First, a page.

Court convicts top suspect for killing Lebanese leader in 2005

Former Lebanese Prime Minister Rafik Hariri, pictured in 2004, was killed the following year during a suicide bombing attack in Beirut. File Photo by Mohammed Tawil/UPI
1 of 2 | Former Lebanese Prime Minister Rafik Hariri, pictured in 2004, was killed the following year during a suicide bombing attack in Beirut. File Photo by Mohammed Tawil/UPI | License Photo

Aug. 18 (UPI) -- One of four men charged with assassinating former Lebanese Prime Minister Rafik Hariri 15 years ago was convicted for the crime Tuesday by an international court.

The Special Tribunal for Lebanon in the Netherlands found Salim Jamil Ayyash guilty of murder and terrorism in connection with the deaths of Hariri and nearly two dozen others in a Feb. 14, 2005, suicide bombing.


Ayyash, 56, and three others linked to the Lebanese Shiite militant group Hezbollah were tried in absentia in a proceeding that began six years ago.

Assad Hassan Sabra, Hassan Habib Merhi and Hussein Hassan Oneissi each were acquitted of the charges, which included the attempted murders of more than 200 people injured by the blast. A fifth defendant, Mustafa Amine Badreddine, died in Syria in 2016 and was dropped from the indictment. He was described by prosecutors as "controller of the operation" to assassinate Hariri.


The prosecution said it intends to "carefully examine the findings, which underline these acquittals," and consider whether to appeal within its allotted 30 days prior to the pronouncement of sentence.

The assassination of Hariri, one of Lebanon's most powerful Sunni Muslim politicians, surprised many and disrupted Lebanon's political landscape.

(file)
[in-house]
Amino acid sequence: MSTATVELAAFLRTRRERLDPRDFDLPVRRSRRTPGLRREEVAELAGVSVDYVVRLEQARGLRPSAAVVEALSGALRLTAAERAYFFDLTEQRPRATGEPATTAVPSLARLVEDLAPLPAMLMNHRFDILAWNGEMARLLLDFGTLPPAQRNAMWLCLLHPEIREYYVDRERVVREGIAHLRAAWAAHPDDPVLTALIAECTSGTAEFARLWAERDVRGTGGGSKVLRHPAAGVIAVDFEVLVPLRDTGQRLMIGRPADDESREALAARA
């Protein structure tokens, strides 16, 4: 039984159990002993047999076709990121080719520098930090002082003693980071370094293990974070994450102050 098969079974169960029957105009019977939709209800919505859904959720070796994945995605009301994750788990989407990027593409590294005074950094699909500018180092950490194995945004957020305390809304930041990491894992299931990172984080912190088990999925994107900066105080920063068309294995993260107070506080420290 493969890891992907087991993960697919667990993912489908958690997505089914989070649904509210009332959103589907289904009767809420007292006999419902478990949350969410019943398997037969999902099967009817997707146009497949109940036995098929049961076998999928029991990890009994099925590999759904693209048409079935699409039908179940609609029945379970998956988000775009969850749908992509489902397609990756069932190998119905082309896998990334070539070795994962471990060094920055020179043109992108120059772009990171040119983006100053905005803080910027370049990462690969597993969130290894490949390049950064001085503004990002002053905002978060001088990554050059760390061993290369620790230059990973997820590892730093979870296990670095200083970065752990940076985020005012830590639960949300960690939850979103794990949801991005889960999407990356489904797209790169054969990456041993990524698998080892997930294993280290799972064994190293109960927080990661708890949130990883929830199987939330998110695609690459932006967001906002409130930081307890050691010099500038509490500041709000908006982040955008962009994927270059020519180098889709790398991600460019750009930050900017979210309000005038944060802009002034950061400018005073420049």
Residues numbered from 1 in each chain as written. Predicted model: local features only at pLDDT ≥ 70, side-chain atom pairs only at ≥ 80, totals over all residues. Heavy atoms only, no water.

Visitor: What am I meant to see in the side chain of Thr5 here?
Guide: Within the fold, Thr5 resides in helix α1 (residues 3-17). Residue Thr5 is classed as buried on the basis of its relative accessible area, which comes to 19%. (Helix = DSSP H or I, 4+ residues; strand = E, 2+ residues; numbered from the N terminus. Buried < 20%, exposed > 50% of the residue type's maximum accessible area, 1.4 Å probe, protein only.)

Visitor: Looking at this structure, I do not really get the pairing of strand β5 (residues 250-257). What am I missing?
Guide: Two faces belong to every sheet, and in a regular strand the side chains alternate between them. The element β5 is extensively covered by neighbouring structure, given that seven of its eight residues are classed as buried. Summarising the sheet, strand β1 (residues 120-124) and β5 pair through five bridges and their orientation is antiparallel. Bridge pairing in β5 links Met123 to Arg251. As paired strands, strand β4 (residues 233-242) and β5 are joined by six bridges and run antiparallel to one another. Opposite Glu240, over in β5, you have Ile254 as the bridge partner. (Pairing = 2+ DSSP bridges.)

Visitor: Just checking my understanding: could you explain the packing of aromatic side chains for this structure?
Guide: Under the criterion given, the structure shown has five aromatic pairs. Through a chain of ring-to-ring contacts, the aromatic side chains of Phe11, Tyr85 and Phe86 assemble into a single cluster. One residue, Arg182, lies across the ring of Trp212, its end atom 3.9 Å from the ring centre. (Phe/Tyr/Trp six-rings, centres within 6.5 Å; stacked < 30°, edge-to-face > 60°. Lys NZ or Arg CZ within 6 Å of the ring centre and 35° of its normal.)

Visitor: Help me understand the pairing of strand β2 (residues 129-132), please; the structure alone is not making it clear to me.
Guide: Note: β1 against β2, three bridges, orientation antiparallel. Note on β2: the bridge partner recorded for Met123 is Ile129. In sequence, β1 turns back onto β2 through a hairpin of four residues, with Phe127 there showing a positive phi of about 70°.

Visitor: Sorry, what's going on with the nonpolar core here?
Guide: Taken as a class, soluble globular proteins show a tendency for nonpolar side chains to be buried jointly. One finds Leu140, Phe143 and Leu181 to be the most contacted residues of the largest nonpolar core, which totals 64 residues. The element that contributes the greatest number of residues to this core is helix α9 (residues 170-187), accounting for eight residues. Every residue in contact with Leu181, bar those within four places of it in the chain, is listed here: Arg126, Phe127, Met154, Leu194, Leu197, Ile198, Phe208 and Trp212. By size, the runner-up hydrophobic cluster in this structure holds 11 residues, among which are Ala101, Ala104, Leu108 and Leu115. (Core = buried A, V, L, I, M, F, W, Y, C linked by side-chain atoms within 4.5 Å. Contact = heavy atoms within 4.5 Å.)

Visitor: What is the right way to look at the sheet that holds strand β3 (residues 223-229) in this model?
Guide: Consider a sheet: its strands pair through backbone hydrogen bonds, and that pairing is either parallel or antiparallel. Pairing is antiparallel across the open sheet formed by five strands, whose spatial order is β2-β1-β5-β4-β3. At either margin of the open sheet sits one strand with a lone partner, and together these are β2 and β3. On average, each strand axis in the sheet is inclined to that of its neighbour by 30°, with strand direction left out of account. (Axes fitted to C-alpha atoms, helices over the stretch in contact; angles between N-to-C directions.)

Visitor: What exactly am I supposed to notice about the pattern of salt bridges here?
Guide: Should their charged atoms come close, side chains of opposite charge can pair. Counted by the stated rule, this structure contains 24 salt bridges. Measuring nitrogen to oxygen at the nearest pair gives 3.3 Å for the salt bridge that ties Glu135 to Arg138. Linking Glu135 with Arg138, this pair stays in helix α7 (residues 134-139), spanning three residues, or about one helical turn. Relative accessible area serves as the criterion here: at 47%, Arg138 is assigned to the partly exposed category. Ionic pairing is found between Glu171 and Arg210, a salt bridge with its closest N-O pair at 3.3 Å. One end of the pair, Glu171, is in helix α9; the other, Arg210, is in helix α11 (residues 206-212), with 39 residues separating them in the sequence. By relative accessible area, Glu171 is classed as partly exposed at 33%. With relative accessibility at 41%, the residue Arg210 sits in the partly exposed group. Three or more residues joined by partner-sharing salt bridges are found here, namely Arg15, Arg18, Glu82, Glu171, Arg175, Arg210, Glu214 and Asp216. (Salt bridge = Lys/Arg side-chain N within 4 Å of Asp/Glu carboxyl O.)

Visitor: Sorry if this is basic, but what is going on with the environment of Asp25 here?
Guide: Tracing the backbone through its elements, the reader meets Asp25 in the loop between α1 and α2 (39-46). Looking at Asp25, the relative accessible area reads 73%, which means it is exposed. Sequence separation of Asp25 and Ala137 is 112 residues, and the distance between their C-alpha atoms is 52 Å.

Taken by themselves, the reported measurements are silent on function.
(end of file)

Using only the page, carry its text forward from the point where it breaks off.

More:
Hariri's son Saad Hariri, also a former Lebanese prime minister, said he accepts the verdict but called for punishment for Hezbollah and its Syrian allies.

"The party that should make sacrifices is Hezbollah," he said. "It is clear that the network responsible is from its ranks. We will not rest until the punishment is carried out."

Much of the evidence used to convict Ayyash was based on cellphone data that was recorded before and during the 2005 attack.

The court found that Ayyash and Badreddine coordinated surveillance of Hariri to prepare for the attack, and that Ayyash was the chief perpetrator.

Several countries including the United States and Canada welcomed Tuesday's verdict.

"Although Ayyash remains at large, the STL's ruling underscores the importance of rendering justice and ending impunity, which is imperative to ensuring Lebanon's security, stability and sovereignty," U.S. Secretary of State Mike Pompeo said in a statement.


The United States' top diplomat said the verdict stands as further proof the Iranian-backed militant group Hezbollah and its members "are not defenders of Lebanon as they claim but constitute a terrorist organization dedicated to advancing Iran's malign sectarian agenda."

Global Affairs Canada described the verdict as "a significant milestone" for justice while acknowledging that it may not bring closure to many in Lebanon.

"However, today's verdict upholds the principle of accountability and serves as a small but significant step forward in the continued pursuit for democracy, justice and security in Lebanon," Global Affairs Canada said in a statement. "Canada will continue to strongly support the Lebanese people in these efforts, particularly in the face of existing challenges."

The verdict was handed down as Lebanon attempts to deal with the fallout from a massive explosion at a port in Beirut in early August that killed at least 170 people and injured thousands more.

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